Convair YF2Y-1 Sea Dart

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Alex Jones
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Re: Convair YF2Y-1 Sea Dart

Postby Alex Jones » February 7th, 2019, 11:35 am

Thanks guys, We're glad you're enjoying following along.

Antenna position is something we've thought carefully about. We have four 2.4Ghz antennas and two 900Mhz antennas as a tertiary backup. The entire fuselage monocoque is glass although as you say we do have aluminium and carbon structure. The antennas will be placed in the nose, tail and central in the fuselage. We have telemetry on each antenna which will be reviewed after each flight and actively monitored during the flight. I'm putting together the test schedules at the moment... This certainly isn't a model to just stick in the water open up the throttles and hope for the best :) There will be several weeks of ground testing both in and out of the water here in the UK before it's committed to flight. Test flights won't be in the UK... we're still trying to finalise with the relevant authorities as to the exact location but most likely this will be a military testing area with requirements for range officers, fire fighting provisions etc... I've digressed slightly mainly to emphasize our approach to testing. However the ground testing antenna reception will be monitored closely. One of the first things to do is range test with the aircraft in all the possible worst orientations for signal strength etc... We'll see how we get on and change antenna positions as necessary. The idea is that at least two antennas are visible with a line of sight not obscured by anything that will attenuate the signal. This is where our CAD model becomes very useful.

Alex Jones
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Re: Convair YF2Y-1 Sea Dart

Postby Alex Jones » February 7th, 2019, 1:53 pm

Hi Guys,

As I mentioned in my last post several design modifications were required. Starting with the actuators, these had been checked in CAD and the lengths required were 60mm. In reality this stroke length worked as designed but we never allowed for any slop in the system. The stroke needed to be extended by 5mm so the mechanism could lock. This applied to the rear rams and the forward ram. I also wanted to use a larger diameter ram on the rear actuation as the pressures involved with the 25mm ram currently installed were increasing up to 10bar to get a smooth retraction. We can get a similar level of force at 6bar with a 32mm diameter ram. Changing the rams required a redesign of the mountings. There is a lot of force going through these so we used a 6mm carbon former to mount 4 CNC’d brackets which secure the rams. A ‘U’ shaped 6mm carbon former was installed to transmit the load into the fuselage via the forward spar box. Below shows the new mountings although I still haven’t bonded it all to the side of the fuselage yet.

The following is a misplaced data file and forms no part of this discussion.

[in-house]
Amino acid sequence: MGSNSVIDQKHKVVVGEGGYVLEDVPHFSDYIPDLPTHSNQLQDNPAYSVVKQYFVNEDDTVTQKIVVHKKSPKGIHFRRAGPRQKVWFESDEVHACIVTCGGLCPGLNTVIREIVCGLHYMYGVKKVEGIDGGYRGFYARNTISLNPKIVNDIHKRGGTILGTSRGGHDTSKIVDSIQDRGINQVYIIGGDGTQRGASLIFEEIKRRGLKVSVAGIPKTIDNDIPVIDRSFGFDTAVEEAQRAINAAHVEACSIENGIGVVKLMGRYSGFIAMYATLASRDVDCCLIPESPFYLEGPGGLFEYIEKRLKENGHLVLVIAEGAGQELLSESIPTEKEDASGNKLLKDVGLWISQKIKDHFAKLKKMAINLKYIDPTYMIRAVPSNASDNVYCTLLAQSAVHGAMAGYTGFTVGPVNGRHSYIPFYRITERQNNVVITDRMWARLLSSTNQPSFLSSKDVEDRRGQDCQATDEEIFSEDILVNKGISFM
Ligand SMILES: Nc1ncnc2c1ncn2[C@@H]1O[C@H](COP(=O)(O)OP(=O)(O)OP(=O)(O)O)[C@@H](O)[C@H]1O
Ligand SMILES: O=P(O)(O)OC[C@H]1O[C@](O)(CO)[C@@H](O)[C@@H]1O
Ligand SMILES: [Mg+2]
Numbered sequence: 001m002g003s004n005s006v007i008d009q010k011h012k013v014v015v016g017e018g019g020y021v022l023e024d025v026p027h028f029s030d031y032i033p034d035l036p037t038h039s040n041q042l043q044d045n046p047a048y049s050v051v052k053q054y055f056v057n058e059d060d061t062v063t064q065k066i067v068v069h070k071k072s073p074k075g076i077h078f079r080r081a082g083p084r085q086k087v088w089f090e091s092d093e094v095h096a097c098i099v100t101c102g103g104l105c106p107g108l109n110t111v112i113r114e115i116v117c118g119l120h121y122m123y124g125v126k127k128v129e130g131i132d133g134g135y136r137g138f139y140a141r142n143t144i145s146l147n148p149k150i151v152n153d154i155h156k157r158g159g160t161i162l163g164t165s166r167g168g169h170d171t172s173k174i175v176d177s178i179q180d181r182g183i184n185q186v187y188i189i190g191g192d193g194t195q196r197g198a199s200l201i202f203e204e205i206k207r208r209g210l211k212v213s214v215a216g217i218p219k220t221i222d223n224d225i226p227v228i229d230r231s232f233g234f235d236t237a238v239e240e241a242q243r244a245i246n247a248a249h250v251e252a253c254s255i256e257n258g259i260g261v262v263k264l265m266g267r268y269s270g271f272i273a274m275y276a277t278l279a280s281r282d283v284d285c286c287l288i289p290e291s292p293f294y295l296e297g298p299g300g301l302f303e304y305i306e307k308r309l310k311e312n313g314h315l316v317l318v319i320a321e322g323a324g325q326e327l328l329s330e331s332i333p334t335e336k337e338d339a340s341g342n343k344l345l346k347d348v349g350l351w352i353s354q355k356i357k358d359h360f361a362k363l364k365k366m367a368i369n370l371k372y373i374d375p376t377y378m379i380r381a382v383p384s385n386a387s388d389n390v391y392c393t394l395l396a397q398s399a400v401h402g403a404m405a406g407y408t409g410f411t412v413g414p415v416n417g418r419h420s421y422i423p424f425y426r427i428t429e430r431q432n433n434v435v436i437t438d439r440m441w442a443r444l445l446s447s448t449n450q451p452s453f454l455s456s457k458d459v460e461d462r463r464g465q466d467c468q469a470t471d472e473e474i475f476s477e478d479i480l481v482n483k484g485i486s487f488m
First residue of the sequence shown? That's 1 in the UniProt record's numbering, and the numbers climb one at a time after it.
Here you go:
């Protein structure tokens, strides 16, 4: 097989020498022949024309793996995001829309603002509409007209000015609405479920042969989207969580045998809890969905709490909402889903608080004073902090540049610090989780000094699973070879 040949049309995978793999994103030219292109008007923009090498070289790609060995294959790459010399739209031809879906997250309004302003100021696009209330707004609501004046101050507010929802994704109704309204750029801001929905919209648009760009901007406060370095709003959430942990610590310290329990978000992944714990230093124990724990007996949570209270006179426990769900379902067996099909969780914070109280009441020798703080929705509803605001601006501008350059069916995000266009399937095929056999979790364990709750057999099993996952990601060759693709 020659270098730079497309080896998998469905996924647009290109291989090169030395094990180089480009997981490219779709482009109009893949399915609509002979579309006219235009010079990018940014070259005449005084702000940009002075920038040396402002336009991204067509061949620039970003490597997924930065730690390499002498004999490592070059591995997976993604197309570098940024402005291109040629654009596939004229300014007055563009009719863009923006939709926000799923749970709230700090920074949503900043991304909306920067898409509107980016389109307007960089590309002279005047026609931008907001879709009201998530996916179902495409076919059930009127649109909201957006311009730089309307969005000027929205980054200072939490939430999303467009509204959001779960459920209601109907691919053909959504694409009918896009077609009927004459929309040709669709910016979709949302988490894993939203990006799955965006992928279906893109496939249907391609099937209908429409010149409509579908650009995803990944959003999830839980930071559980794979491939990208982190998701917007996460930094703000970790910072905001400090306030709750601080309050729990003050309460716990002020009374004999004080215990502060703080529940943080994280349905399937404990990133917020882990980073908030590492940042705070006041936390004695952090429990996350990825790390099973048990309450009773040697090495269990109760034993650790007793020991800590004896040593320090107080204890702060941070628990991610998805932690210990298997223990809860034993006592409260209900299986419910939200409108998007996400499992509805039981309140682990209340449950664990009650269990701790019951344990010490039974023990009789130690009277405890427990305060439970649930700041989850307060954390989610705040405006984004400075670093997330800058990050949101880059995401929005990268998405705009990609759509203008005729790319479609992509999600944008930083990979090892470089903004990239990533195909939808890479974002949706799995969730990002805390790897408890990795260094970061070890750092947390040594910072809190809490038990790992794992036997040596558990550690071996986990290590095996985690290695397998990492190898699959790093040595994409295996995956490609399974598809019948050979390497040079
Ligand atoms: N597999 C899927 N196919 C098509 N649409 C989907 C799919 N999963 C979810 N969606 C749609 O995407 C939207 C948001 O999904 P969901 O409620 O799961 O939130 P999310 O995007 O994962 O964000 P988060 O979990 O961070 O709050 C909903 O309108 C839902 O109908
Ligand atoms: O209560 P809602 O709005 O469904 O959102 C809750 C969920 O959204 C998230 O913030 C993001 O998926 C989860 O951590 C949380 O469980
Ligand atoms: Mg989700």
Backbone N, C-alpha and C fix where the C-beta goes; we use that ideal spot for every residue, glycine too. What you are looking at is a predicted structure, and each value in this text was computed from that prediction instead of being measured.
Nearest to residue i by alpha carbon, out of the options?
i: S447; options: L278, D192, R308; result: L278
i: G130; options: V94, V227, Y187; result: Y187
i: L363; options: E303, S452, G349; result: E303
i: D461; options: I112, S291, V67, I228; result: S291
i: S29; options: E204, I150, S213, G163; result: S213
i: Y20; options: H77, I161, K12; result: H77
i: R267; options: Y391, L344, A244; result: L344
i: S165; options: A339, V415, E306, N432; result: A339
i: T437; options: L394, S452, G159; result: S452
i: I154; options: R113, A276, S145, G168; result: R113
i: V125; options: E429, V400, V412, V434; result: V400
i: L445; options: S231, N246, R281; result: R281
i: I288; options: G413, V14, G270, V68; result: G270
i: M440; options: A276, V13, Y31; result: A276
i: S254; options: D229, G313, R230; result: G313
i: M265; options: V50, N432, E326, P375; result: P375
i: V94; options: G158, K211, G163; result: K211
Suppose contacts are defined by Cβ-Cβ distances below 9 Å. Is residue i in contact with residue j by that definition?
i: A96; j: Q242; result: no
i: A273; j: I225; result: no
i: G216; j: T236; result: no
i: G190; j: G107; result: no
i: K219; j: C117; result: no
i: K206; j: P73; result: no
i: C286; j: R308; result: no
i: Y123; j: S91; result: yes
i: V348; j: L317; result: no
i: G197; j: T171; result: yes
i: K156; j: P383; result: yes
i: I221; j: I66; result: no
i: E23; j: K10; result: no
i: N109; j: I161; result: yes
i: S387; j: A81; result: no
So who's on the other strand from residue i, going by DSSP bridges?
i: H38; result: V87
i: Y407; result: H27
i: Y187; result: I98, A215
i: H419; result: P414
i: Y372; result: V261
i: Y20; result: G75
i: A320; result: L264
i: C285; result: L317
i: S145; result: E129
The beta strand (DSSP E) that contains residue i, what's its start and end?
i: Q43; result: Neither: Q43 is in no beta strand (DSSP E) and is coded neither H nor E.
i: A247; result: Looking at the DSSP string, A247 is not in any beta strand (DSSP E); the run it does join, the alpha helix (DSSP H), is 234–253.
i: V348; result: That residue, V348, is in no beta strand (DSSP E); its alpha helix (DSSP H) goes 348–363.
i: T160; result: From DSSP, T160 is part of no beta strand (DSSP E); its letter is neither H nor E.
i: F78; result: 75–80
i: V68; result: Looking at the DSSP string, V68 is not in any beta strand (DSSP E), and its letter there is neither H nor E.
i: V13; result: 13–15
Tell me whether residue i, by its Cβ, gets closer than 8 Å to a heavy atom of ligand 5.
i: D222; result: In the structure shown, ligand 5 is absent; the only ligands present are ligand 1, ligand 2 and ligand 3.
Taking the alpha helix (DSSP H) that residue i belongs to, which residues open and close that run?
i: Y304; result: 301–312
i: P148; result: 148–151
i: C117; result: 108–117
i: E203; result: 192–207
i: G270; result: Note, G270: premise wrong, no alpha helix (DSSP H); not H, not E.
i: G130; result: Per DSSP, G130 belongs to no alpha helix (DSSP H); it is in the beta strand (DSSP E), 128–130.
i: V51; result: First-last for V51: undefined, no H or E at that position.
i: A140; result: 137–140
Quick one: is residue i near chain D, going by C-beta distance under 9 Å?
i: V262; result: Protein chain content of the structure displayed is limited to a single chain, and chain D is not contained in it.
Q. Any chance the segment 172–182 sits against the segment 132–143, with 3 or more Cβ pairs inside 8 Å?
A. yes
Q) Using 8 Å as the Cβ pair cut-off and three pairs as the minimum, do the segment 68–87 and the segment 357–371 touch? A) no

ImageIMG_0309 by Alex Jones, on Flickr

ImageIMG_0313 by Alex Jones, on Flickr

The actuation for the front has been tweaked and now uses 6mm carbon. The front ram works both skis. If there is a failure we want it to be symmetrical this is particularly important at the front.

ImageIMG_0314 by Alex Jones, on Flickr

This hopefully solves the issues internally, we now need to address the problems in the external mechanism and main pivots.

Alex Jones
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Re: Convair YF2Y-1 Sea Dart

Postby Alex Jones » February 13th, 2019, 1:29 pm

The next issue to address is the unacceptable amount of mechanical play in the mechanisms. If we take each individual pivot point and test it for play we might be forgiven for thinking it seems a good fit. But put those same 17 pivots together and ask them to move at the same time, suddenly it becomes more of a problem as the play on the small moments is amplified significantly. By the time you get to the bottom of the ski the whole thing can move to a level that causes us concern.

The first issue was the PTFE IGUS bearing bushes we had used on every joint. We had a meeting with their rep before committing to these and explained the application etc… All our components were designed at the correct tolerance, however, they just had too much play. I was expecting a nice tight fit and was fairly annoyed at the results. The only option left to us was to design our own bearing bushes. For this we used Phosphor Bronze PB102 and set about designing every bush in the mechanism. Using a set of callipers on our machined components we designed the bushes to have H6 and G6 tolerances which are within 9 & 14 microns (0.009.0.014mm) respectively. This will cure the play between all the pivot shafts and their bearings. Overall I think there are about eighty of these phosphor bronze bushings installed in the mechanisms.

Not the most exciting picture I know but you should get the idea.

ImagePB102 Bushings by Alex Jones, on Flickr

Alan Cantwell 1131
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Re: Convair YF2Y-1 Sea Dart

Postby Alan Cantwell 1131 » February 13th, 2019, 5:10 pm

Using a set of callipers, really? :D Hmm,

Alex Jones
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Re: Convair YF2Y-1 Sea Dart

Postby Alex Jones » February 13th, 2019, 7:20 pm

Well that and the post production inspection reports and some CMM :) But I still do like my calipers.

Alan Cantwell 1131
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Re: Convair YF2Y-1 Sea Dart

Postby Alan Cantwell 1131 » February 13th, 2019, 8:52 pm

Cmm is more like it, calipers are only good for .1mm. Looking good though,

Alex Jones
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Re: Convair YF2Y-1 Sea Dart